Harlem Globetrotters Go Viral After Interaction With Kid In A Wheelchair

The Harlem Globetrotters have gone viral after a clip surfaced showing one of the players on the team showing a kid in a wheelchair how to hold a spinning basketball with one finger.

In a video posted to Twitter on Sunday by Chief Digital Evangelist Vala Afshar, viewers see a Globetrotter with the number 7 on his jersey spinning a basketball on top of one finger, then handing it over to the young child who’s holding up his finger.

The member of the exhibition basketball team then places the ball on the young child’s finger as it keeps on spinning. The ball soon comes down and the young boy — who appears reliant on some kind of oxygen machine — catches it. He gives the man wearing the #7 jersey a high five and is all smiles after the exchange.


“The most beautiful thing in the world is a child’s smile.

The next best thing? Knowing that you are the reason behind it.” pic.twitter.com/iNwFy6uqjW

— Vala Afshar (@ValaAfshar) March 19, 2023

At the time of this publication, the clip had been viewed more than six million times and counting.

Doing a search on social media, it appears that the video first surfaced on Twitter on January 30. It was shared by the outlet Overtime, and that clip has been viewed 4.4 million times as of publication.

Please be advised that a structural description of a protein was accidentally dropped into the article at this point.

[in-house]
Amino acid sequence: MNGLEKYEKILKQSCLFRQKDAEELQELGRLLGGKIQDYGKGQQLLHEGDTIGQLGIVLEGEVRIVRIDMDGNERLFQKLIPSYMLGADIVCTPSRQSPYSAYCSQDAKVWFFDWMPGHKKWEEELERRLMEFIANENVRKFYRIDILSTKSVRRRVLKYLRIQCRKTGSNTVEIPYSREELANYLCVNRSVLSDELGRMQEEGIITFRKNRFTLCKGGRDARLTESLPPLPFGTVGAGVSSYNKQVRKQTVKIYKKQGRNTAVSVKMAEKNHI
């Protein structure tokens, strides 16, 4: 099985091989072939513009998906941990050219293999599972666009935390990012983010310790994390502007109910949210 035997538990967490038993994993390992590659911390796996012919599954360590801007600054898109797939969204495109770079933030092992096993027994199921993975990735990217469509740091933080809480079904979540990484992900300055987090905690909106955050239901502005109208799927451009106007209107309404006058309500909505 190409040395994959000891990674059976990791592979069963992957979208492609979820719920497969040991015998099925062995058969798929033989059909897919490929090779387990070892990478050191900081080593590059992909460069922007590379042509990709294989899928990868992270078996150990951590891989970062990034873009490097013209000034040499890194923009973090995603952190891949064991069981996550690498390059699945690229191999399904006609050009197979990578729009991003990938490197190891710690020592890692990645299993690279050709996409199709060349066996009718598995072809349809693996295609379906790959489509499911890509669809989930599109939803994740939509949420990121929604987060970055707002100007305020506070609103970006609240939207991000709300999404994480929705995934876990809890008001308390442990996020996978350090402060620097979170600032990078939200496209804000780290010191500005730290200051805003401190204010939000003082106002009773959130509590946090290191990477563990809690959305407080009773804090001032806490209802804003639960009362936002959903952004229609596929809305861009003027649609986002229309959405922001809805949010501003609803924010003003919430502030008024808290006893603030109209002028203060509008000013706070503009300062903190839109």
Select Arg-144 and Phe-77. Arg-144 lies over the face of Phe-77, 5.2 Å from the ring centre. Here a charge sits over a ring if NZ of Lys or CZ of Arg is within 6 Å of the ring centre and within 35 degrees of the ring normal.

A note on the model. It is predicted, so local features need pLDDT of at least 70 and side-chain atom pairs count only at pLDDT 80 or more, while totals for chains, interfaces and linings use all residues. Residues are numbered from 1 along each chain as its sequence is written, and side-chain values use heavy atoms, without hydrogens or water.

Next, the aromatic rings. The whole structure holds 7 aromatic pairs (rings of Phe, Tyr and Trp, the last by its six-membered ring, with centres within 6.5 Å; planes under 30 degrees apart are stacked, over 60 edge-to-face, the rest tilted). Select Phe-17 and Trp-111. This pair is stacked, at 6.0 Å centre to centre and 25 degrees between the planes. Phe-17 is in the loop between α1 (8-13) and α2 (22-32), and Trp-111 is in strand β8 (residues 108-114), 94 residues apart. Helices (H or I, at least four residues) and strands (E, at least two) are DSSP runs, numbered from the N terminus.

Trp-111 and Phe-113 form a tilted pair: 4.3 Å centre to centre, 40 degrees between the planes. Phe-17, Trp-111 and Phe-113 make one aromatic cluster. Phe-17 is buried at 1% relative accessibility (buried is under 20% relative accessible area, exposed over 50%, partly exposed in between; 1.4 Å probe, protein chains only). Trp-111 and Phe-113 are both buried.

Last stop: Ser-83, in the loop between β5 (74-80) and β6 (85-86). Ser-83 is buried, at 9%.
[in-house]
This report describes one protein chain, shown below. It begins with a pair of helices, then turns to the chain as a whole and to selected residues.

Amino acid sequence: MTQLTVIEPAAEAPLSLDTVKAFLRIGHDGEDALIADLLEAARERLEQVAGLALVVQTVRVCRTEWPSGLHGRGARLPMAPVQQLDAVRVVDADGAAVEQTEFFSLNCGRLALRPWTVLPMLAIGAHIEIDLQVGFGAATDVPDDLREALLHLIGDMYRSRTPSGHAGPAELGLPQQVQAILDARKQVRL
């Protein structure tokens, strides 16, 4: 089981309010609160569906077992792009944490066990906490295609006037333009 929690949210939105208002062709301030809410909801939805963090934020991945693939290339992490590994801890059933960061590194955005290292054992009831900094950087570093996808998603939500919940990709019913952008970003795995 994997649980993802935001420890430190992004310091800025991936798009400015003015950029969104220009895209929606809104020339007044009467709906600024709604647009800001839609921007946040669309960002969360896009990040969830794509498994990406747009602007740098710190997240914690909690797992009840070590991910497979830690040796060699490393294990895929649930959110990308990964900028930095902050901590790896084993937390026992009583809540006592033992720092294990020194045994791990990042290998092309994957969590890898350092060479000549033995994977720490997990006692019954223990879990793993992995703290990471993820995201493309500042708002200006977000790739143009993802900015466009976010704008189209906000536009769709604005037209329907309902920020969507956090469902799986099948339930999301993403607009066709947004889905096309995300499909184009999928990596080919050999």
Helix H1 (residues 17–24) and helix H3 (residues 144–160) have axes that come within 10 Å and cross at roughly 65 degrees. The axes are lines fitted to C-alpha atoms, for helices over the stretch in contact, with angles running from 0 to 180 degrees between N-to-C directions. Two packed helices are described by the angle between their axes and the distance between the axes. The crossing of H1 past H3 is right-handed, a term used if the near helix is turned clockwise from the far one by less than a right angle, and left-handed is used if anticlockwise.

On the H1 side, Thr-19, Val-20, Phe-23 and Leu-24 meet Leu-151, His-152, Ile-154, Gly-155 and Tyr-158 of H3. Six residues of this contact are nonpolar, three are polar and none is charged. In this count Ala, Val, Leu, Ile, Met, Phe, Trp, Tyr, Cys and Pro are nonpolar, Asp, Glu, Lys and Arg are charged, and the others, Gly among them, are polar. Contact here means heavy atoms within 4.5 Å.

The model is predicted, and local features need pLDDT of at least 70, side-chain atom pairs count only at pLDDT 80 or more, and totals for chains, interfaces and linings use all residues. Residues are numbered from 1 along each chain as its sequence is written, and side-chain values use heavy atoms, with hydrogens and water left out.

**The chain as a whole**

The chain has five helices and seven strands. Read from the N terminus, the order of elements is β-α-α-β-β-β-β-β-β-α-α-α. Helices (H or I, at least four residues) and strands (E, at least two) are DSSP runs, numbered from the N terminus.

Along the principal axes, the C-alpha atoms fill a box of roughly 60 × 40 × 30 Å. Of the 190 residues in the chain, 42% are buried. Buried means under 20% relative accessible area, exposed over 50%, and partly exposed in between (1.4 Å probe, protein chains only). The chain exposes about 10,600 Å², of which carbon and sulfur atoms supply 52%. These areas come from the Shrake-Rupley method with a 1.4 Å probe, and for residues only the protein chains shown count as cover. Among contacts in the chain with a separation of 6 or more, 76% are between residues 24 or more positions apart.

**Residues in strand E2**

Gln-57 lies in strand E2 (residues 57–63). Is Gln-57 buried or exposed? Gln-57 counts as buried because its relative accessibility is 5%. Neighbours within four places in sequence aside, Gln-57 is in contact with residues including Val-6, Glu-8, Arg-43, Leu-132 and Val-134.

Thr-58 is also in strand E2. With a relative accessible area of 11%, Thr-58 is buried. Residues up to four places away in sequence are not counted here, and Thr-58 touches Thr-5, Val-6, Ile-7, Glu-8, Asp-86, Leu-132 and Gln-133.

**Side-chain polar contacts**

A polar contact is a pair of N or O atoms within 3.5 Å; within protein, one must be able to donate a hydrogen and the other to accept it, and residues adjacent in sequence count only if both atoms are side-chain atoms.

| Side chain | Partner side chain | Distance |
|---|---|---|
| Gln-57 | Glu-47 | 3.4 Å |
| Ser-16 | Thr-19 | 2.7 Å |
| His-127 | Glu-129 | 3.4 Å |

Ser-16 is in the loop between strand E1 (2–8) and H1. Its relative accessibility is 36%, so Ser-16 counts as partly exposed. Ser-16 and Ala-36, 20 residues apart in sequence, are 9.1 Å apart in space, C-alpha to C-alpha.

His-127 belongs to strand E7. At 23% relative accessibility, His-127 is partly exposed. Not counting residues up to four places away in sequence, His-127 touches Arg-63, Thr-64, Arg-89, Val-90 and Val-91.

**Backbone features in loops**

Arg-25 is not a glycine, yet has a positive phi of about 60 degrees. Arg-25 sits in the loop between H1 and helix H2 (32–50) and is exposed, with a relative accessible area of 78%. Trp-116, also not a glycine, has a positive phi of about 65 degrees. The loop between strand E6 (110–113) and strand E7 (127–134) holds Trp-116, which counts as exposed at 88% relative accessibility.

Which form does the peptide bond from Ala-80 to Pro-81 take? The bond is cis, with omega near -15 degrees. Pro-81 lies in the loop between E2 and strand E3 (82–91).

There was no further information shared about where the meet-up between the two took place or when. The only thing included with the post was a message that read, “That smile means everything.”


The post also shared a handle that credited the Globetrotter as being Lucius “TOO TALL” Winston, who also shared the clip on his Instagram recently.

Reading through the comments attached to Afshar’s post, many people said it made them hopeful and that it touched their heart.

“This is so beautiful. This just comes to show humanity isn’t over yet,” one person wrote.

Another wrote, “Pure joy. My happy childhood memory was seeing the globetrotters 50 years ago. Amazing.”

While another tweeted, “So many years! I am in my 70’s and saw them when I was young. Took my daughter, various cancer kids I volunteered with through the years. And they are still the best present to give a child who loves basketball.”

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